*Psychological Review*, vol.44, 1937, pp.365–78. The development of these claims can be followed in any decent textbook on learning-theory.CrossRefGoogle Scholar - 8.N. Goodman,
*Fact, Fiction and Forecast*, Indianapolis, Bobbs-Merrill, 1965, p.67. Similar claims have been made in the theory of rationality. For criticisms similar to those advanced below, see B. Barnes, ‘Vicissitudes of Belief’,*Social Studies of Science*, vol.9, 1979, pp.247–63.CrossRefGoogle Scholar - 9.R. Rudner, in P. Edwards (ed.),
*The Encyclopedia of Philosophy*, London, Collier-Macmillan, 1967, vol.3, p.371.Google Scholar - 10.It is interesting to observe how, in emergencies, philosophers make sudden discoveries. For example, it is discovered that circular arguments are not, after all, things to be avoided. We have seen Goodman invoke the idea of virtuous rather than vicious circles. Similarly Dummett says that circular arguments are fine provided that our aim is to explain rather than persuade — he then proceeds to conflate explanation with justification: M. Dummett, ‘The Justification of Deduction’,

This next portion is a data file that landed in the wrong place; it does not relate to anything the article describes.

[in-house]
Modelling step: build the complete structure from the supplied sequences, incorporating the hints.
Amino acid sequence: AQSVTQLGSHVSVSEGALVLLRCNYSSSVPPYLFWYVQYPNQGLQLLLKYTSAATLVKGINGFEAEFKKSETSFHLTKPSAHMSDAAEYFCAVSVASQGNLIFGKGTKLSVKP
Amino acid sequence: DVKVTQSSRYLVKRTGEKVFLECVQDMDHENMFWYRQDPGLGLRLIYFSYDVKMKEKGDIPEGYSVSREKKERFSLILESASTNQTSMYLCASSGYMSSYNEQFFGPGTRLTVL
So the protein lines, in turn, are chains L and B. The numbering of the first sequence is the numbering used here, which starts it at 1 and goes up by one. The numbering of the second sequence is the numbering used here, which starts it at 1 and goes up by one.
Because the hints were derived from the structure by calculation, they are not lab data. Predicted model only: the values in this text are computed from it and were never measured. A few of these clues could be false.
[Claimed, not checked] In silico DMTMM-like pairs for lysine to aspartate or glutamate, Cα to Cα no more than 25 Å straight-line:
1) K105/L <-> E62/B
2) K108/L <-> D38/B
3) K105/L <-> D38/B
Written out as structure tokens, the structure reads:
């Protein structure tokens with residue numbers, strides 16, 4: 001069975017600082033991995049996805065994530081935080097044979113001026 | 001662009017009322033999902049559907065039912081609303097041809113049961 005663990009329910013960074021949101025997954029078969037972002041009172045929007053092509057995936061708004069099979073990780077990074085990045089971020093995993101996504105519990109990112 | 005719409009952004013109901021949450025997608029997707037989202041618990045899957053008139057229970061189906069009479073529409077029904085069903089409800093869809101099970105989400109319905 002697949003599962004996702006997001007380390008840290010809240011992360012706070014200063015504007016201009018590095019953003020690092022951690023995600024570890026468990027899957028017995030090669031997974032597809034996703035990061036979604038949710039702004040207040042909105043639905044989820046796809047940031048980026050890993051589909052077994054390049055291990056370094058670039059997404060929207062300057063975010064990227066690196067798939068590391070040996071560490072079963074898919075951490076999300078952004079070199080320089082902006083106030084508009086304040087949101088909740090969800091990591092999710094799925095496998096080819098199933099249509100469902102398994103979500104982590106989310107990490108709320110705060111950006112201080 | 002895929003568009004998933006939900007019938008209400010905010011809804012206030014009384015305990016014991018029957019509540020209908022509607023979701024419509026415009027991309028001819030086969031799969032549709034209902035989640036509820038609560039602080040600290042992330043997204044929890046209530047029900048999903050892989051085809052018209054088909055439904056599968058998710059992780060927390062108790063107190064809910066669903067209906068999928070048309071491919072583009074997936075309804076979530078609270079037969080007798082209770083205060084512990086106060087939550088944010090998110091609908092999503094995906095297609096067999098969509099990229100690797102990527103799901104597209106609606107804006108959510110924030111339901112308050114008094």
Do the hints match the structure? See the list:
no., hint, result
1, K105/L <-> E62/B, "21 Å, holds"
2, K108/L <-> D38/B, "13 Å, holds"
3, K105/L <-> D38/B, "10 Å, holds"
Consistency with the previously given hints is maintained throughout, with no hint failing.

*Proceedings of the British Academy*, vol.LIX, 1973, pp.201–32, p.207.Google Scholar - It is also discovered that not all arguments are either deductive or inductive. Deduction can be justified by a new third mode of proof: see J. Bickenbach, ‘Justifying Deduction’,
*Dialogue*, vol.18, 1979, pp.500–16. This is, in fact, an interesting line of argument but, on inspection, Bickenbach’s new method of proof turns out to be a disguised form of the inductive reasoning, from particulars to particulars, used in science. In other words, he is trying to justify deduction by induction, and this is bound to be too weak.CrossRefGoogle Scholar - 11.‘It is not a question of